A Navy contractor collects a drinking water sample at Moanalua Preschool in Honolulu on Feb. 27, 2024.

A Navy contractor collects a drinking water sample at Moanalua Preschool in Honolulu on Feb. 27, 2024. (Glenn Slaughter/U.S. Navy)

The Navy is expanding its analyses of water quality in its Hawaii distribution system after people complained last fall of lingering contamination, according to a report released Wednesday.

The Navy’s preliminary plumbing assessment, completed Feb. 24, examined water heaters and other fixtures in certain homes in military communities on the Navy’s water system for the Pearl Harbor area. The assessment also analyzed water in several hydrants and in one of the well shafts used to supply the system.

Analyses found no trace of jet fuel, which had contaminated the water system after leeching into the aquifer from a 2021 leak from the Red Hill Bulk Fuel Storage Facility on the outskirts of Honolulu.

That spill contaminated a well the Navy used to supply water to roughly 93,000 residents of military housing communities on and near Joint Base Pearl Harbor-Hickam.

Thousands of people temporarily relocated to area hotels as the Navy flushed the entire system.

Hundreds of affected individuals have filed suit in federal court seeking compensation for medical conditions and other hardships they say arise from the contamination.

Defense Secretary Lloyd Austin in March 2022 ordered the World War II-era facility permanently closed.

Some residents, however, complained last fall and early this year of a sheen on tap water poured into cups. Some have complained of unexplained rashes and other health problems.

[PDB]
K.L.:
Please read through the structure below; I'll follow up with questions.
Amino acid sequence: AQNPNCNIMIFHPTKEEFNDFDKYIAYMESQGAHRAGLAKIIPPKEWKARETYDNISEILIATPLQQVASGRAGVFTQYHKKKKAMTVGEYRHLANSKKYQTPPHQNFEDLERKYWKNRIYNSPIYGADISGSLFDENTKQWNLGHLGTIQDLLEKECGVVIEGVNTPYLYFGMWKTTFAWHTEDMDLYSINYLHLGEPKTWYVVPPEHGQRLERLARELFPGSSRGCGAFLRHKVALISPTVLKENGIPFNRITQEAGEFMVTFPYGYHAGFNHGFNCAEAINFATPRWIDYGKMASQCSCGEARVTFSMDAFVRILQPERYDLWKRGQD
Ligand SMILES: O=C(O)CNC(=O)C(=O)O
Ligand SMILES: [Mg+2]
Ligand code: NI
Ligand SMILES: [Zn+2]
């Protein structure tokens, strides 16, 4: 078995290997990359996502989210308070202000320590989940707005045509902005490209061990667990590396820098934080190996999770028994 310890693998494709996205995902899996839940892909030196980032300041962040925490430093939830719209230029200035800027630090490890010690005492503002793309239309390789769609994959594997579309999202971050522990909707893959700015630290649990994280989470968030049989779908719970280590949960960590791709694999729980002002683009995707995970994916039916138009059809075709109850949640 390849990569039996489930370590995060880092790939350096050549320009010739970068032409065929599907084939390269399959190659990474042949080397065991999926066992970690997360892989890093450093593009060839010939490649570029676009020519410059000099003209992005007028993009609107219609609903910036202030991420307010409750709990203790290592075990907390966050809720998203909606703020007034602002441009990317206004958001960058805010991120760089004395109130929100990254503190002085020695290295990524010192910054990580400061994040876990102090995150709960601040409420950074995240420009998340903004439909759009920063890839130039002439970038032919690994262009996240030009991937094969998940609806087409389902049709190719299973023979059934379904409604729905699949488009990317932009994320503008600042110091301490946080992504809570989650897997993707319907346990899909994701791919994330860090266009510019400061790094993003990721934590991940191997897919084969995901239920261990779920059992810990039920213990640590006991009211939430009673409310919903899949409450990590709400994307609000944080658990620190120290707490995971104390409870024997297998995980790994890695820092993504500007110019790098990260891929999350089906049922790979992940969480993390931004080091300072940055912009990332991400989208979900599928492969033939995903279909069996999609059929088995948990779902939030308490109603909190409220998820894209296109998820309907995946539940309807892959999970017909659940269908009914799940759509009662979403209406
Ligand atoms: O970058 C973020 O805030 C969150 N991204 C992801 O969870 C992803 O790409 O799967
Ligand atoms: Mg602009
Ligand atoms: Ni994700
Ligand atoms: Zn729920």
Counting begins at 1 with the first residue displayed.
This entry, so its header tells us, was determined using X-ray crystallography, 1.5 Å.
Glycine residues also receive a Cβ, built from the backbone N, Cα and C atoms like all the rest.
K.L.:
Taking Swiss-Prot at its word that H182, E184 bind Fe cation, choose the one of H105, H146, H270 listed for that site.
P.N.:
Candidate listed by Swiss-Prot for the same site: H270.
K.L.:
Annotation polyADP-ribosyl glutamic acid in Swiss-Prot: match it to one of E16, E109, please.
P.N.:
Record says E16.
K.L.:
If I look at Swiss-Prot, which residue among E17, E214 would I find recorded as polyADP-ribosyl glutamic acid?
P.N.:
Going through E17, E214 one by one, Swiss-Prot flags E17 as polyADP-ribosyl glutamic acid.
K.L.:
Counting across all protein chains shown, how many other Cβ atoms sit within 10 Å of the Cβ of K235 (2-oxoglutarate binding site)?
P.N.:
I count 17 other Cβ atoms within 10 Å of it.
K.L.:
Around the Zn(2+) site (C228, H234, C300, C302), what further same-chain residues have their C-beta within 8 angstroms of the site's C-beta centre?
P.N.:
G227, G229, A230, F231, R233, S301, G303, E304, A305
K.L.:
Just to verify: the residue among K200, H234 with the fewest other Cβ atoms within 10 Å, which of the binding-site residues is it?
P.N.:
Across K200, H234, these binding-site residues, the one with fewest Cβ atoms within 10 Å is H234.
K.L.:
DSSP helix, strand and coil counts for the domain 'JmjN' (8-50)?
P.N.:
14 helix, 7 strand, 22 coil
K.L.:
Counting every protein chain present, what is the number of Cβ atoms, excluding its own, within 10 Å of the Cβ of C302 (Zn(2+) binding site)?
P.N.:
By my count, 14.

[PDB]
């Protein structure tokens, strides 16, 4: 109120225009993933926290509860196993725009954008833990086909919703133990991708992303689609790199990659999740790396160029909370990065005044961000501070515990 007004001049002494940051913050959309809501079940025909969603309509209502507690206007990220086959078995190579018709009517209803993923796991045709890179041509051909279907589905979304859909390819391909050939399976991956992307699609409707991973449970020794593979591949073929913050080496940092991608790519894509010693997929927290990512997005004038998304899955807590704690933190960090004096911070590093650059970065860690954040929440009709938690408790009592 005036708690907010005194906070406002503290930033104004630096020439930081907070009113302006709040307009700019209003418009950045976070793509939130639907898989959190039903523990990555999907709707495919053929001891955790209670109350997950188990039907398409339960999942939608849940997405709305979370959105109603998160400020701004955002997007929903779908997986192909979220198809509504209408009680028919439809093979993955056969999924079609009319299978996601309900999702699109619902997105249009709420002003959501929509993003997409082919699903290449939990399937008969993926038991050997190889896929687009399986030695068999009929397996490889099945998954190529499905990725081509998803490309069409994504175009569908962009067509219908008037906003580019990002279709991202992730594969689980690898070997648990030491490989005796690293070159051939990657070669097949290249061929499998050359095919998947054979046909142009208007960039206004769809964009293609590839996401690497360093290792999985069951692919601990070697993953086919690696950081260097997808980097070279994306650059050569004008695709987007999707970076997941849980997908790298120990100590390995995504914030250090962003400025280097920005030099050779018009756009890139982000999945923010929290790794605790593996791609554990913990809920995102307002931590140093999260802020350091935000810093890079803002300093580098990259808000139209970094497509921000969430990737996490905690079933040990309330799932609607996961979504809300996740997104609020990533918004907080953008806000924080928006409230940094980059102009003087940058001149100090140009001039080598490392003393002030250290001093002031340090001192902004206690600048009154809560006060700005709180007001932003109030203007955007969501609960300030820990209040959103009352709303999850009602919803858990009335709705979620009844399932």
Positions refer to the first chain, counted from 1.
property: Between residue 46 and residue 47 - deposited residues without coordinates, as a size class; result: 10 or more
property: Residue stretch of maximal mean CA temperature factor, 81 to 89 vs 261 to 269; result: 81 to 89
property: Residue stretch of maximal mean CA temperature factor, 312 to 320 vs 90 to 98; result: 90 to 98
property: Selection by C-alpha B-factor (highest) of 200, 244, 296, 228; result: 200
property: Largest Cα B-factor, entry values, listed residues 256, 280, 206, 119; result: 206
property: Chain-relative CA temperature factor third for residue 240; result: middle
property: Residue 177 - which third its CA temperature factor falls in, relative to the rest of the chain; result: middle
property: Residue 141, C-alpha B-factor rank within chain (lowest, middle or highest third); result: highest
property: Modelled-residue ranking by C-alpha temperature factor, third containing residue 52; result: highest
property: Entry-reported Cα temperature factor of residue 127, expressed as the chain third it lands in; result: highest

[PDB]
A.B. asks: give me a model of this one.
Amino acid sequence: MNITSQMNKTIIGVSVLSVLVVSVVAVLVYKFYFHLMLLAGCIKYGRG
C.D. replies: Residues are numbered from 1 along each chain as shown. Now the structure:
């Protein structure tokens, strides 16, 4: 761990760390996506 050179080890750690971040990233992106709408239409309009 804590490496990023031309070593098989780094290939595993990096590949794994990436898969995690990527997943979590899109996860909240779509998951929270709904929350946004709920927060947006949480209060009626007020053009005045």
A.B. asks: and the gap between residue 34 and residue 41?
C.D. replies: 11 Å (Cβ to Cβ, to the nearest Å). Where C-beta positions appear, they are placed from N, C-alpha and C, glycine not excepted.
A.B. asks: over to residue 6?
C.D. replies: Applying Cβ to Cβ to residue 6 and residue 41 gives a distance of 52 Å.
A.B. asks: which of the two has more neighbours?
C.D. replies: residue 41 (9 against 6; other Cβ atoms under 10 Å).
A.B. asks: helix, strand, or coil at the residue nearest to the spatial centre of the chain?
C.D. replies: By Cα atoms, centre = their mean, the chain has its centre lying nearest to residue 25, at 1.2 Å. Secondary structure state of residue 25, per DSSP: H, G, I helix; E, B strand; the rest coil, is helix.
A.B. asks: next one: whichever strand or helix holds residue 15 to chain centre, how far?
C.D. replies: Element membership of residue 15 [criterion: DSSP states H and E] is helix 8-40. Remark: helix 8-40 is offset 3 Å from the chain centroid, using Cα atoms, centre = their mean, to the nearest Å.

The Hawaii Department of Education, which oversees a half-dozen schools on the Navy’s water system, wrote parents last week to say a state Health Department “review of 42 different compounds and screening parameters does not corroborate detection of petroleum in the system.”

The Navy had implemented “alternate laboratory procedures” and expanded a type of analysis that can identify traces of hydrocarbons, according to a Navy news release Wednesday.

Water samples taken last fall and tested by the Navy contained low levels of total petroleum hydrocarbon, or TPH, which refers to hundreds of compounds found in petroleum-based products.

The Navy’s preliminary assessment notes that TPH “are not common drinking water constituents” and that there “is no established drinking water standard for TPH.”

No sample, however, exceeded 266 parts per billion of TPH, which the Hawaii Department of Health uses as its safe drinking threshold, the preliminary assessment states.

The TPH did not originate from JP-5 jet fuel that had been stored at the Red Hill facility, the Navy said.

“Water sample results range from non-detect to low level detections, many observed near the limit of detection,” the preliminary assessment sates. “The sample chromatograms evaluated for advanced analysis of all premise plumbing samples were compared to chromatograms from known standards of JP-5 fuel and diesel fuel and they did not match.”

Samples from water heaters and plumbing fixtures “did not indicate a sheen or particulate matter consistent with JP-5, or biological growth,” according to the assessment.

The Navy “remains committed to determining the cause of TPH detections and will continue to closely coordinate with the [U.S. Environmental Protection Agency] and DOH to continue providing safe drinking water,” the assessment states.

The Navy announced last week that it was voluntarily extending water monitoring of its water distribution system by a year through April 2025.

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Wyatt Olson is based in the Honolulu bureau, where he has reported on military and security issues in the Indo-Pacific since 2014. He was Stars and Stripes’ roving Pacific reporter from 2011-2013 while based in Tokyo. He was a freelance writer and journalism teacher in China from 2006-2009.

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